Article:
The approval given by the parents of Dominic, the shoeshine boy, is tacit. Families in Ghana’s hinterland tend to be large – 6 to (8?) children – and too many parents are just struggling to keep their heads above water, unable to reconcile the need for large families and the other traditions which have bond villages throughout the country with modernity, urbanization, and the dream of breaking out of the unending cycle of growing poverty. Mallam Issaku Abdulrakemani-Imam is the head of one of these households. He comes from the Moslem-dominated north of Ghana. He’s the son of the local chief imam. Even though he’s only 47, he has 4 wives …and 25 children. School fees last year cost him 500.000 cedis, that’s over 200 dollars – in a country where the average annual income is ?? As his wives prepared dinner, he talked to me about his four daughters who’ve left for the big city and about the impact the exodus is having on village life.

Farming is seasonal here. We used to need farmhands, but not anymore because of the changes in the climate. There’s no other work here. So, during the dry season, more and more children, especially girls, are heading South in search of work. Four of my daughters have left, even though I was against it. They had no choice: there’s no work here. When the land started becoming less fertile, people started leaving…adults and children. Before, it wasn’t like this: girls and women never left the village. But more and more girls have been leaving for Accra. One of my sons was supposed to marry a girl from here, but when I went to inquire about her a couple of days ago, I was told that she had left to work in the city as a kayayoo, a head porter.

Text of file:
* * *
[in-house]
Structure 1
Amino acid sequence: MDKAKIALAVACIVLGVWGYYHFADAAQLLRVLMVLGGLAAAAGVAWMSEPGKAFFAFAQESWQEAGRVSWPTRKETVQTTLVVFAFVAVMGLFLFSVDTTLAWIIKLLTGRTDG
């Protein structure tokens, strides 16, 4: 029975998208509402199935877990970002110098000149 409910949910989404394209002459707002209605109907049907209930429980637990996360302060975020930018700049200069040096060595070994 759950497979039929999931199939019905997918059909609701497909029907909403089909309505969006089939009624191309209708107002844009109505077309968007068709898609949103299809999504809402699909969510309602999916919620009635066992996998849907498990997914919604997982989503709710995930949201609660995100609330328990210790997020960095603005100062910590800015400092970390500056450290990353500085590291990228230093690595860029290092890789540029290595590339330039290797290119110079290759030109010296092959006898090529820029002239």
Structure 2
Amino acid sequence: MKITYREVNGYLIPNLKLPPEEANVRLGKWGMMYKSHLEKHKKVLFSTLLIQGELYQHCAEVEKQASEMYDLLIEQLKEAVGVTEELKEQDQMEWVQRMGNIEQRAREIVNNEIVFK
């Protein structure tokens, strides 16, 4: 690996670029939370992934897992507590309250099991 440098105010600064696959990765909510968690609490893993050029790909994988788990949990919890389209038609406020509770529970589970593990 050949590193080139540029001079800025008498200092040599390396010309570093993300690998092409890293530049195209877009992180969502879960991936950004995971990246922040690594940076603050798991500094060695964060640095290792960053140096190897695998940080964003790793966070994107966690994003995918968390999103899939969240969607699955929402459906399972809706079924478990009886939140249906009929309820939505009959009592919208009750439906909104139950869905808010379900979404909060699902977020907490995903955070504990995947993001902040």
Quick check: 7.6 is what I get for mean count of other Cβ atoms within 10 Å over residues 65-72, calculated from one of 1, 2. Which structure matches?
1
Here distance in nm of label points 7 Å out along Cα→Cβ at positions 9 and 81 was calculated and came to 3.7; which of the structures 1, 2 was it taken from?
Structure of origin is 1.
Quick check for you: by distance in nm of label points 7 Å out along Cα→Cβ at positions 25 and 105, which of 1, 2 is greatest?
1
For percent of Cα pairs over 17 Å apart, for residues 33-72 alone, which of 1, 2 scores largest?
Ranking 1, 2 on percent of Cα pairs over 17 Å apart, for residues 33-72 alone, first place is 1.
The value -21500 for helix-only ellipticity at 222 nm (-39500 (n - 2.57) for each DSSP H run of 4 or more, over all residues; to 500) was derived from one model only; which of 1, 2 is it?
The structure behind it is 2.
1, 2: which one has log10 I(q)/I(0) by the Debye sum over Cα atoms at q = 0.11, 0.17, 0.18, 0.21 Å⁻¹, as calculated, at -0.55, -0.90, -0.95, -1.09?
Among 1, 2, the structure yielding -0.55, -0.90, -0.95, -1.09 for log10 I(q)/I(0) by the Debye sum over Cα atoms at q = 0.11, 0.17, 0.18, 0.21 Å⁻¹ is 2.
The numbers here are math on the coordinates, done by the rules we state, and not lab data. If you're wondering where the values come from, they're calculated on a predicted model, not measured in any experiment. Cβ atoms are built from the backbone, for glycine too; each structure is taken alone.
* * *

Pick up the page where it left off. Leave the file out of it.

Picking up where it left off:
EB; Many of the girls who go to Accra become pregnant and come back to the village with a child. Has that happened in your family? One of my daughters came back with a child. I don’t know who the father is. But the baby is a human being. I can’t just abandon him. But it’s a huge burden for me. EB: Did you talk to your daughter about this? Yes, I even cursed her and told her that if she went to Accra, I hoped she’d  get run over a car. I spent a lot of time talking to my daughter when she brought the child back here. This calmed her down and she spent three months here. She went back to the city with a man who’s offered to take her hand in marriage. EB: Do you notice that when the children come back from Accra that they’ve changed, that they’re different? You can tell that they’ve been in the city. Girls wear short dresses. That’s not the way we do things here. Girls also have different hairdos. They have fair skin, are fat and look like life has treated them well. Everyone wants to join them in the city. But, they don’t respect us, the village elders, any more. They don’t bow to us. They believe they have the right to stand up on their own two feet. I would say that only 3 out of 10 children who come back to the village have good moral values. Most come back with diseases and different lifestyles. They are promiscuous. All of this is causing problems in the community.